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Unpredictable Challenges Define A Career In Research Science

Scientists today face myriad challenges on a daily basis. From funding to writing proposals, government red tape and even the storage of biological materials in a biorepository, they face some tough issues. Let’s take a minute to take a peek at some of those issues.

Today, science is at the forefront of innovation. Scientists around the world are all striving to test that latest theory or invent the newest product. While it isn’t yet possible for scientists to have an answer for everything, it is through their research and developments that we have most of the luxuries of the day that we enjoy.

Whether you know it or not, the sciences are also the fields where there are some of the most lucrative careers. It doesn’t matter if it is in social or physical sciences, or even life sciences, there are careers in science that are both innovative and money-making. That being said, they are all still riddled with challenges.

The Internet

If you are a scientist, or are studying to become one, then you will be aware of the many challenges you face when it comes to harnessing resources that are web – based. Here are a few examples:

  • Loss of browsability
  • Navigation that is poorly designed
  • Fees
  • Misinformation
  • Information overload
  • Only having one or two databases at your fingertips and therefore missing out on unique data that might be available via sources that you don’t have access to.

There is a solution of a sort for this dilemma, though. Some scientists have come to find that librarians are a great source of help in this area. They can help with the development of strategies to assist in overcoming the challenges that information that is web – based present.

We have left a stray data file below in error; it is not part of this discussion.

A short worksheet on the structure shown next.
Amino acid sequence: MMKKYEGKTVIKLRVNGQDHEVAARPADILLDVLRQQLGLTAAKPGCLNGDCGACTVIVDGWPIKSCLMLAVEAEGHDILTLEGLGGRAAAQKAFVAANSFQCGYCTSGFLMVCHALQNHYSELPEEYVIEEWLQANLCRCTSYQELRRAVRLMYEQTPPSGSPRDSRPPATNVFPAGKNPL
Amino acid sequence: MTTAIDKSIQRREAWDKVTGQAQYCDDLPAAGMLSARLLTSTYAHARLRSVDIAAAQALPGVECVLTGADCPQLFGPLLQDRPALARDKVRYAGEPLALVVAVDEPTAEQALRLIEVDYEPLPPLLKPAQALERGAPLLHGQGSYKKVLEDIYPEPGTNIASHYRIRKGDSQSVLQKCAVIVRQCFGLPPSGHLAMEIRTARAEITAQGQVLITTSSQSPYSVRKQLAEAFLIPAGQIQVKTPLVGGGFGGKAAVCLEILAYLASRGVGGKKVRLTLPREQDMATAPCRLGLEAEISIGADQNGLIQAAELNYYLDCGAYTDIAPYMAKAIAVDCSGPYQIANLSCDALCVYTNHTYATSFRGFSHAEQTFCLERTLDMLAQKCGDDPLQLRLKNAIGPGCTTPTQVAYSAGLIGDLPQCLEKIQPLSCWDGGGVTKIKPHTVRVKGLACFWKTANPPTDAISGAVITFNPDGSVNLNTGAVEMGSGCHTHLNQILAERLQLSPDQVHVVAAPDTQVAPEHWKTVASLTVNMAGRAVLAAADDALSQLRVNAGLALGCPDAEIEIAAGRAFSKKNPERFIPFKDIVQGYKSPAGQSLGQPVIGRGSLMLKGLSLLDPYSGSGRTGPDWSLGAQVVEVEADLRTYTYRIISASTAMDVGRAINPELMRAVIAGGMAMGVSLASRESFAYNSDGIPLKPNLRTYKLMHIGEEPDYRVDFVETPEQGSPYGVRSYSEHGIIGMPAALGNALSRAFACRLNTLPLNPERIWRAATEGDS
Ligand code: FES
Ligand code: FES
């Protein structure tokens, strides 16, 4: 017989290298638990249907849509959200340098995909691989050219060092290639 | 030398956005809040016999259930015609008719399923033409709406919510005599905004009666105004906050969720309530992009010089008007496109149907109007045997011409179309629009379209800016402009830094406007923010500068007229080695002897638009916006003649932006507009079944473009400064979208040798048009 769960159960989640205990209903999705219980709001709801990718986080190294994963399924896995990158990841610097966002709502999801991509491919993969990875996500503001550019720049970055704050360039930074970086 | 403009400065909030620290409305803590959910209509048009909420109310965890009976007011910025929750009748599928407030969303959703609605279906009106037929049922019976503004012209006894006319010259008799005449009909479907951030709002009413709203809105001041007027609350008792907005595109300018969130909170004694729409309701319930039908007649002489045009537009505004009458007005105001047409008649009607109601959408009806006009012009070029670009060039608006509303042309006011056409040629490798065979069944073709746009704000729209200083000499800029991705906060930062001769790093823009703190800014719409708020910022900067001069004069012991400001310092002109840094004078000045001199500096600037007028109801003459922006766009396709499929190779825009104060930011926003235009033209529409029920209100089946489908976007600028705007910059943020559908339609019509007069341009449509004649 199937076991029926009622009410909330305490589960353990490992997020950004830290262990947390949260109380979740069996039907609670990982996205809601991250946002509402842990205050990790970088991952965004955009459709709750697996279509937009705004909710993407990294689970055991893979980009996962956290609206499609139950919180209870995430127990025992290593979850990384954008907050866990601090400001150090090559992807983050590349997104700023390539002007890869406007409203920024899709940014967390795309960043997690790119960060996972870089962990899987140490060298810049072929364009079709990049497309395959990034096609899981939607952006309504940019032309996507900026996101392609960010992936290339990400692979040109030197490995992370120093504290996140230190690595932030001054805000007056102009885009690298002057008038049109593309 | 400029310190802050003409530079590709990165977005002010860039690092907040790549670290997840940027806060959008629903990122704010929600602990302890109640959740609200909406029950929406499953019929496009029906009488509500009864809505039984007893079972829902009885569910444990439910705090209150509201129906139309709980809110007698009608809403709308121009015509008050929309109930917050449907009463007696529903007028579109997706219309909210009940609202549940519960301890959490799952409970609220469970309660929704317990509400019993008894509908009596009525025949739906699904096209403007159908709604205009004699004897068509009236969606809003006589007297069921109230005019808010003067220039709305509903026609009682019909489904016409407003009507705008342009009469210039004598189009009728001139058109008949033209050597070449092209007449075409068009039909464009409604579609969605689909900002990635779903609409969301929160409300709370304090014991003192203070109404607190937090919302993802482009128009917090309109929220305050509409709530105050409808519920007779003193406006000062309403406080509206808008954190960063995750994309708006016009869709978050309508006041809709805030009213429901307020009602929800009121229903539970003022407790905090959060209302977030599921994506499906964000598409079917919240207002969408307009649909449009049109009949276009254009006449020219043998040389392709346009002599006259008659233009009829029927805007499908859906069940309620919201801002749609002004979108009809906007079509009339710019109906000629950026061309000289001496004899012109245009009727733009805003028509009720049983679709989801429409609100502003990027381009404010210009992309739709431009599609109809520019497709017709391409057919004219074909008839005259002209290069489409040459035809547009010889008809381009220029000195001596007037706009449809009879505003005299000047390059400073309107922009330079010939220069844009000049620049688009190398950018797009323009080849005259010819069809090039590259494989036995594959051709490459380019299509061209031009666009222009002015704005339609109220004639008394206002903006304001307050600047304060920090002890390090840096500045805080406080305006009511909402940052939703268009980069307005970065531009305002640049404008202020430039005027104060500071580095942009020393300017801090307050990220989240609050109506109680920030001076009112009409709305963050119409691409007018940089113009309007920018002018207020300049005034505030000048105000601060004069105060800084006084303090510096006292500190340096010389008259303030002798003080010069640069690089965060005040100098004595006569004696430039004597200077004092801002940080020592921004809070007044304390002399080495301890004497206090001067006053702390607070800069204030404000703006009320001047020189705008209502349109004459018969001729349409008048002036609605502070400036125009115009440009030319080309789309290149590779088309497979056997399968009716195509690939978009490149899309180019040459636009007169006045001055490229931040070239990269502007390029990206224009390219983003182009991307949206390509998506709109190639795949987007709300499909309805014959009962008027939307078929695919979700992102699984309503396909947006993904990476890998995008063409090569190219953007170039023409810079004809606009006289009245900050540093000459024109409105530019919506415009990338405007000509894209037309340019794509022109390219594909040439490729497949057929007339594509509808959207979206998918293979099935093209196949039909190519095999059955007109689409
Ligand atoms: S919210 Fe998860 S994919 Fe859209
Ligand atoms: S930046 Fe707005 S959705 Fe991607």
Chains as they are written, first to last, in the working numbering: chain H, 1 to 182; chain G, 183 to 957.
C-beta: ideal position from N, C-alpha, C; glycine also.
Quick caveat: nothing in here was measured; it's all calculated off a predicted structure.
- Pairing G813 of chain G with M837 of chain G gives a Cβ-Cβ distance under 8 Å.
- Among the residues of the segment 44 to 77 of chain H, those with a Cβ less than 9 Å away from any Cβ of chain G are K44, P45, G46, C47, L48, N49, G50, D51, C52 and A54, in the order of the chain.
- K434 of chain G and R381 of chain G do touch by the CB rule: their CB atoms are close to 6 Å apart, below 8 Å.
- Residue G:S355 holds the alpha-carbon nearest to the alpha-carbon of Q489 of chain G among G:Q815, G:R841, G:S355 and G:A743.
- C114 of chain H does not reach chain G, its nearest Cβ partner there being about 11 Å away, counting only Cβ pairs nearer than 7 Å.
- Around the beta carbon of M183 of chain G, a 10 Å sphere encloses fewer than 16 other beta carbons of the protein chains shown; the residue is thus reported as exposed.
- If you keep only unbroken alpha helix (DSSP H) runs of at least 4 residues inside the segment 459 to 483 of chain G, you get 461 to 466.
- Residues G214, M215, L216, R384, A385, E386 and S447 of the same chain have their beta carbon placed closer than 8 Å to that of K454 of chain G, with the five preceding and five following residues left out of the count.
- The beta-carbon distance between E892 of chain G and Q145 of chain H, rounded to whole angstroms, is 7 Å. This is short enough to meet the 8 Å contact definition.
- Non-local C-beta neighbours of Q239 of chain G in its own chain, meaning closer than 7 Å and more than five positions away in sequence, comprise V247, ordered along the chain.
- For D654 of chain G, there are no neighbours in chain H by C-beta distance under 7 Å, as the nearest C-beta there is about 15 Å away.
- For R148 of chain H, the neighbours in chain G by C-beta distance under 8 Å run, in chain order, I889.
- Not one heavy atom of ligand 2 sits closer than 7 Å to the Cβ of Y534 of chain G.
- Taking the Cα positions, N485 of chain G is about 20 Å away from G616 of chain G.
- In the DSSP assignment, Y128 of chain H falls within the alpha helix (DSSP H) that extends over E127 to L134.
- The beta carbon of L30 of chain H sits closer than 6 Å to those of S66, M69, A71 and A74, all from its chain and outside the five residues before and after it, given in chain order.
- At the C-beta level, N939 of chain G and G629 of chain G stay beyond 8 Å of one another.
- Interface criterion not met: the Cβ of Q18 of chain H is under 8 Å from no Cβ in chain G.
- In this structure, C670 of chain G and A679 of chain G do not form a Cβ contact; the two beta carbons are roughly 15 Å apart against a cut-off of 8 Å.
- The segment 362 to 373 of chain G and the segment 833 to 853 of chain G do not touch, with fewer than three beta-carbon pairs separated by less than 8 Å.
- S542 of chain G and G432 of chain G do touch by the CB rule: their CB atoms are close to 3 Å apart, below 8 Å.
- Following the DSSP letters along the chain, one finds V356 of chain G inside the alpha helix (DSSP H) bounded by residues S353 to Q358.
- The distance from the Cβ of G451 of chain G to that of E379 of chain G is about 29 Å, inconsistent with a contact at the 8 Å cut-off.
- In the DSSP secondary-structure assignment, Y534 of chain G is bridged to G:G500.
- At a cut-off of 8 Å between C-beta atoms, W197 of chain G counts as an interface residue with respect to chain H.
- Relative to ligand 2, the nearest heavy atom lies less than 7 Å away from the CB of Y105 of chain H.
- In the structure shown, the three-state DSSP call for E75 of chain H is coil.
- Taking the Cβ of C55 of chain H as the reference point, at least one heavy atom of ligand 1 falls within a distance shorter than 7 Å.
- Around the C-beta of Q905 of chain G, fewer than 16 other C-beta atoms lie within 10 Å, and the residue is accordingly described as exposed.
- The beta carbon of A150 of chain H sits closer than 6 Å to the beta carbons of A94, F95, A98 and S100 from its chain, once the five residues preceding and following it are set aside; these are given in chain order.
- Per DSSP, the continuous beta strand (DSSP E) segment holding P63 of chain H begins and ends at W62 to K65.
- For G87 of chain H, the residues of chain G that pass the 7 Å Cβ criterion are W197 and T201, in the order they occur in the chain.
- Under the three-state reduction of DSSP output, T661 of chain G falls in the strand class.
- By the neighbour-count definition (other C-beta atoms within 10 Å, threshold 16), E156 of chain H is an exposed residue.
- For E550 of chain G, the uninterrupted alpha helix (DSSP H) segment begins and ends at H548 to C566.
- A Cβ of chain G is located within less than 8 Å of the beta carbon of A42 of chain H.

Other Perceived Challenges

Did you know that as of this writing, that only a mere 50% of scientists feel that right now is a great time for science? That number has dropped from 74% only 7 years ago. This is according to polls taken by the Pew Research Center.

According to this poll, there are a few reasons for the decline in enthusiasm. Some of these reasons include challenges such as the current political climate and economy. However, those don’t seem to be the main reasons. The main perceived challenges for research scientists today is the idea that research doesn’t have all that much influence when it comes to public policy and the fact that there seems to be a lack of funding for all types of research. Other challenges include:

  • Too few jobs on track for tenure
  • Too few job openings in R & D
  • Salaries that are below competition level in the market
  • The long hours that are necessary for one to be able to succeed in research
  • Today’s graduate training doesn’t meet the needs of today

If someone is truly interested in becoming a research scientist despite all of the challenges, they will either be able to work around the challenges or to develop strategies to work with them. Funding, for example, can be worked with if you request grants or other types of funding and then work within the budget allotted. As far as the public policy goes, ask yourself this – are you getting into science for the love of research or to be a catalyst for change? Either one of those can be done…just in different ways. What you really need to ask yourself is whether or not you will be able to stick to your guns and see it through to the end.


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